For the last few years, we have worked with smaller and society publishers to extend open access (OA) publishing opportunities so that authors can publish in a broad range of venues, whatever their funding situation, at no cost to them and with no other barriers. During this time the increasing number of publishers and related vendors adopting business models relying on community support prompted us to consider a different approach to negotiating new community-based agreements. This led to our Open access community framework (OACF), a mechanism to support diamond OA initiatives and not-for-profit publishers. We launched the OACF in February 2022 with a call for participants.
We organised this online member event to introduce OACF participants for 2022. This included presentations from participants about their initiatives and a broader discussion about how institutions can support community open research initiatives. We were joined by SCOSS and the organisations SCOSS is supporting this year, as well as speakers from 3 universities, who shared their experience of supporting community-based models. This blog post provides a summary of the event and some suggestions from our case study institutions.
Advice from institutions
The presentations from our 3 speakers from the universities of Sheffield (Peter Barr), Aberdeen (Emma Francis) and Manchester (Scott Taylor) described slightly different approaches but highlighted the following key enabling elements.
Policy and process
Peter explained that Sheffield’s Comprehensive content strategy sets out the library’s commitment to OA and makes it easier for Sheffield to sign up to community-based agreements and for decisions to be auditable. Emma talked about the importance of developing a process for interrogating agreements to be able to justify decisions as needed.
“You’ve really got to tell people what you’re going to do, make it central to your policy mission, publish it so they can’t complain when you do it”. Peter Barr, Head of content and collections, The University of Sheffield
Scott and Peter both spoke about having budgets dedicated to supporting open research initiatives, but at Aberdeen these kinds of payments are made from the Library’s content budget. Scott explained that 10% of Manchester’s OA innovation fund is allocated to community-led open research infrastructure solutions, with an emphasis on not-for-profit organisations. Peter said that Sheffield will consider boosting their dedicated open research budget with any end-of-year underspend from their content budget.
One of Manchester’s Office of Open Research objectives is to coordinate all open research activity at the university. Currently various budgets across campus cover the cost of different kinds of open research infrastructure tools. For example, budgets outside the library cover the cost of tools supporting sharing of pre-registration and preprints as well as research methodologies.
“This direct line of sight across the university, in terms of the entire investment in open science will ultimately allow for a more strategic direction for us.” Scott Taylor, Head of library research services and the office for open research, The University of Manchester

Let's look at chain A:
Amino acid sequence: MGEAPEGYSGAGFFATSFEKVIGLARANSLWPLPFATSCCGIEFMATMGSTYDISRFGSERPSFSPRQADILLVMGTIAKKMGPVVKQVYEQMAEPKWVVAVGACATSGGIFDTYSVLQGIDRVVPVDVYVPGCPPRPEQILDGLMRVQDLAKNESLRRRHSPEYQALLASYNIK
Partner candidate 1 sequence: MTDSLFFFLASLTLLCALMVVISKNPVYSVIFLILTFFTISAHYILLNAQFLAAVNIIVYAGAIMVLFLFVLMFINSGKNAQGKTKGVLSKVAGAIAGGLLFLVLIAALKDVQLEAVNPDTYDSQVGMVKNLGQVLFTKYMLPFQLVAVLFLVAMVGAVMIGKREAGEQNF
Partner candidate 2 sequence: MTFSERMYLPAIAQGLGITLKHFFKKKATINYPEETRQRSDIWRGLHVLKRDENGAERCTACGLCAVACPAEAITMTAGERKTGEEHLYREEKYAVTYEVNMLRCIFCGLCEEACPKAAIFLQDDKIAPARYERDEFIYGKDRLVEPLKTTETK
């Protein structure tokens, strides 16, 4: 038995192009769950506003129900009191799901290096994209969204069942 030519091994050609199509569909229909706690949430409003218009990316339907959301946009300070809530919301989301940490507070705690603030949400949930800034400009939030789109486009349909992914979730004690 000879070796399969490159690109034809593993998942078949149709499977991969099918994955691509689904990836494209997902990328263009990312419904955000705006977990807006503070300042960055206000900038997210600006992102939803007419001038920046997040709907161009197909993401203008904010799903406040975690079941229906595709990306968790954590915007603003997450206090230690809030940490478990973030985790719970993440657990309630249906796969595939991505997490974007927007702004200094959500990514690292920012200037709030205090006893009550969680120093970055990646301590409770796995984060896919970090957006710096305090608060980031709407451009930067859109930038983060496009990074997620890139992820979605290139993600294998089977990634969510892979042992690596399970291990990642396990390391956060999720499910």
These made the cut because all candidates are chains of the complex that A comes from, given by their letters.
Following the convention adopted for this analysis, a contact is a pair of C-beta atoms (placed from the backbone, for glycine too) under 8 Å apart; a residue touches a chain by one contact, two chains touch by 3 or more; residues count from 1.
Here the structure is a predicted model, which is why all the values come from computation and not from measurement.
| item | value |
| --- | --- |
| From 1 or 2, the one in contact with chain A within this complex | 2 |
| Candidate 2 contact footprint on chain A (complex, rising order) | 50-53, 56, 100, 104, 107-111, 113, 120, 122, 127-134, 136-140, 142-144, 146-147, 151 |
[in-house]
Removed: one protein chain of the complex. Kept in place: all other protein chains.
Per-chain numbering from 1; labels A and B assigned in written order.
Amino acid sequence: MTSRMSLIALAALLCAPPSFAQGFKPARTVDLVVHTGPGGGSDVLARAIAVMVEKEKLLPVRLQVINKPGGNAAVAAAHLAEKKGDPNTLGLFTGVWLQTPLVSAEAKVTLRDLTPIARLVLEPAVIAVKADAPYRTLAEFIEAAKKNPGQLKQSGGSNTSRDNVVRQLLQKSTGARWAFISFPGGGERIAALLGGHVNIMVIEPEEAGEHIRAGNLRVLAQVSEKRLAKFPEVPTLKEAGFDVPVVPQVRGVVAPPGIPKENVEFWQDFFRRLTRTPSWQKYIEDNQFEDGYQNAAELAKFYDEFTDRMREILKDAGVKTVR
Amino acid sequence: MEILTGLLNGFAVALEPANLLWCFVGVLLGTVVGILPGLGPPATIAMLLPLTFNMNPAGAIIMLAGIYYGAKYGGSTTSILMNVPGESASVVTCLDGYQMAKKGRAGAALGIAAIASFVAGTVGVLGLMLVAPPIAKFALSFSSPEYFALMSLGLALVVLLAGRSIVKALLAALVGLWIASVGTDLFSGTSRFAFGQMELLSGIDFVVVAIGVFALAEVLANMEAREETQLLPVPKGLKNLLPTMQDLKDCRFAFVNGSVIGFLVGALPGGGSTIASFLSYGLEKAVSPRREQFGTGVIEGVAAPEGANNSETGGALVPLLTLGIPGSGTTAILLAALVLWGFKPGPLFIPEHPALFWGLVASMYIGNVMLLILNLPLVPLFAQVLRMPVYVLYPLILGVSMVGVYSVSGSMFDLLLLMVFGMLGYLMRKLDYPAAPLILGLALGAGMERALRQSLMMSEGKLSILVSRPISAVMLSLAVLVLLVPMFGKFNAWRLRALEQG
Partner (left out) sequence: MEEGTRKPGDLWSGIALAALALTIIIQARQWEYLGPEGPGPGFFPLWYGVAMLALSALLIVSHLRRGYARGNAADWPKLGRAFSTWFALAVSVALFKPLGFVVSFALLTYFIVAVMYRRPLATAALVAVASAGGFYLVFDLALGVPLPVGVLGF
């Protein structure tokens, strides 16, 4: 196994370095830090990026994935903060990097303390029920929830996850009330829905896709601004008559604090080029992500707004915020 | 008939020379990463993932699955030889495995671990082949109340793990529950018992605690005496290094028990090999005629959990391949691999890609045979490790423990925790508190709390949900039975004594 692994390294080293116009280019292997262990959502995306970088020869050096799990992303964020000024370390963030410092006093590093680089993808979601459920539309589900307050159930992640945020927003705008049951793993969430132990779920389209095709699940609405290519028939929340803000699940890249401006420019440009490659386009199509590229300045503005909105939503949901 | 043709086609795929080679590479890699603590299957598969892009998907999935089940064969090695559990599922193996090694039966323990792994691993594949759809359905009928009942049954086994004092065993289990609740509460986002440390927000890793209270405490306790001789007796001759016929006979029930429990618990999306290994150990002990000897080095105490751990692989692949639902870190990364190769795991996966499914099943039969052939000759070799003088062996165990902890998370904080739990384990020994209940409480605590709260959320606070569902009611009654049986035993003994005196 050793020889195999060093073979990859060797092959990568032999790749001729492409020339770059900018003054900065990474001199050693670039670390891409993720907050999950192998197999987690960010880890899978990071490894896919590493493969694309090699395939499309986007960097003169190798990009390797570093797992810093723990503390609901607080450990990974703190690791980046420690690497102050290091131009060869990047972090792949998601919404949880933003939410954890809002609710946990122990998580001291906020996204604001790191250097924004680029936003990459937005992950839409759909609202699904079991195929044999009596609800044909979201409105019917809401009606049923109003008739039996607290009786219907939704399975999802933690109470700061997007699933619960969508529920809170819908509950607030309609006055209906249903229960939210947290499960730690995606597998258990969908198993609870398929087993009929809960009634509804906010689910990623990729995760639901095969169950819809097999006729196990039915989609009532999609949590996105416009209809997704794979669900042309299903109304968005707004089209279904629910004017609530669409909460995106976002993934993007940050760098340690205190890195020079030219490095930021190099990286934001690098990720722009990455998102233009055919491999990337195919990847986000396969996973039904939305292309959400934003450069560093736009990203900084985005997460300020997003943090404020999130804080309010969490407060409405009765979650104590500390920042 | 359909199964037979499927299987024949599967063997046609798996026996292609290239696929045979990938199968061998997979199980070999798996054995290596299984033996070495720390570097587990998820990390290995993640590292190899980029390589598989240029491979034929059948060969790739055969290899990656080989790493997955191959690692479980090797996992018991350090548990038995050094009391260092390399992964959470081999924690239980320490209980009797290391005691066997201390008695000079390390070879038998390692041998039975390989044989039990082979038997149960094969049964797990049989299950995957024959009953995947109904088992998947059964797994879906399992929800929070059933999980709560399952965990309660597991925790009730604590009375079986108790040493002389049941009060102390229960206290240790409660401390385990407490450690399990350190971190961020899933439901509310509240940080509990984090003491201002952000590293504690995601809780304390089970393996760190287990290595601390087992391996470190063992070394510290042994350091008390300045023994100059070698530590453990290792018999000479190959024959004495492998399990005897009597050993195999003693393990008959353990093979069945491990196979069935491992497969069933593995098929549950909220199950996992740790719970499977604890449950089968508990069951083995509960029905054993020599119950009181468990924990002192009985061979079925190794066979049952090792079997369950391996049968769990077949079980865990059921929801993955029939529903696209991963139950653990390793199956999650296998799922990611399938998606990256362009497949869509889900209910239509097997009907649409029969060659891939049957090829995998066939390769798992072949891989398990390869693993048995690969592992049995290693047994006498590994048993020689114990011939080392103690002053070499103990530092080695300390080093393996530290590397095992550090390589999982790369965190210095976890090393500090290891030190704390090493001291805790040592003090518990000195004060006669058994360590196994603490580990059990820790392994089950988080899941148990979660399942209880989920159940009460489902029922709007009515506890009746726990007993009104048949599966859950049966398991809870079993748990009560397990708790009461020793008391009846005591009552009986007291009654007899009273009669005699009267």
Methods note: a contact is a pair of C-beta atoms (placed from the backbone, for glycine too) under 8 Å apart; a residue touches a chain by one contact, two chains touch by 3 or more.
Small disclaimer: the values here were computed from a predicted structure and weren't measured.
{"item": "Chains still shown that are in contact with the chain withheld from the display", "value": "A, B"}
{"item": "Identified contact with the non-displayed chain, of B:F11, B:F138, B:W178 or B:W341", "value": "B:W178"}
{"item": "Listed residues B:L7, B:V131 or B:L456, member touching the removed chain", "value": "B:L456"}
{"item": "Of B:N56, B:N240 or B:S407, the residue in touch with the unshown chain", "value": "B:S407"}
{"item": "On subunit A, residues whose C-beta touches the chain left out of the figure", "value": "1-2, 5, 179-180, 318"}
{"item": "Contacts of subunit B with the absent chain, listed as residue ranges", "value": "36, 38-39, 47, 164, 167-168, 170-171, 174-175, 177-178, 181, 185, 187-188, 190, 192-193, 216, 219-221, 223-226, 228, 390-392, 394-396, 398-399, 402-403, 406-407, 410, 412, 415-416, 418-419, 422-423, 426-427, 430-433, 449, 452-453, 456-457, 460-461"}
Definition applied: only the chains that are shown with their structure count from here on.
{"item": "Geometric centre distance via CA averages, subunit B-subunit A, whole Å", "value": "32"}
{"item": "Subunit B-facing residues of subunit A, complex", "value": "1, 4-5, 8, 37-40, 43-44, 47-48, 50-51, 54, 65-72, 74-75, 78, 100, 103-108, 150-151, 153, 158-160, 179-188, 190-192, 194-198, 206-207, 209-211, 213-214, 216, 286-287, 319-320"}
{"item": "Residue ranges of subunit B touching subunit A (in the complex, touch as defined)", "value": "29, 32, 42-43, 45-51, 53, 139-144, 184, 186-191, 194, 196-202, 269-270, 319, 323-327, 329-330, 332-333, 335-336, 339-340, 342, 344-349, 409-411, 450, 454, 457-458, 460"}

It was clear that for all our speakers, support for community-based open research initiatives is informed by institutional values. Emma spoke about the importance of societal values in driving Aberdeen’s decision to support community-based models and Peter explained that Sheffield’s Comprehensive content strategy sets out the library’s preference for business models that reflect its vision for the future of scholarly communication. Scott described how the allocations within Manchester’s OA budget reflect its commitment to supporting diversity in scholarly communication.
“We don’t want private organisations whose first priorities are to their shareholders in control of the direction of open access.” Emma Francis, Scholarly Communications Manager, The University of Aberdeen
Introducing the OACF participants
We received 11 submissions to join the OACF for 2022 in total and evaluated them against criteria agreed by our Content expert group. We’d approved all submissions initially, but one was eventually withdrawn by the publisher. The event provided an opportunity for all the participants to present their initiative. We’ve listed here the start times in the event recording for each, as well as links to the catalogue page in Licence subscriptions manager, so that you can easily find out more about all the OACF agreements.
- Episteme Health Neuroanatomy and Behaviour (21.44)
- International Journal of Strength and Conditioning (27:00)
- LingOA (39:46)
- OpenUP (1:11:48)
- Peer Community Journal (34:44)
- SciPost (45:27)
- UL New Historical Perspectives (1:05:45)
- UWP Critical, Digital and Social Media Studies (CDSMS) Series (51:07)
- White Rose University Press Diamond OA Journals (57.33)
- White Rose University Press Diamond OA Monographs (57.33)
Vanessa Proudman, Director of SPARC Europe, summarised the work of SCOSS, the Global Sustainability Coalition for Open Science Services, in crowdfunding support for community-owned open infrastructure and enabling sustainability, and she introduced the 3 organisations included in the current SCOSS funding cycle. We’ve listed here links to pages where you can find out more information about these organisations and start times for the recordings.
- arXiv (1:45:16)
- DSpace (1:42:48)
- Redalyc/AmeliCA (1:53:03)
You can find the event recording on our Events page. For more information about this event or our work supporting community-based open research initiatives, please get in touch by emailing firstname.lastname@example.org.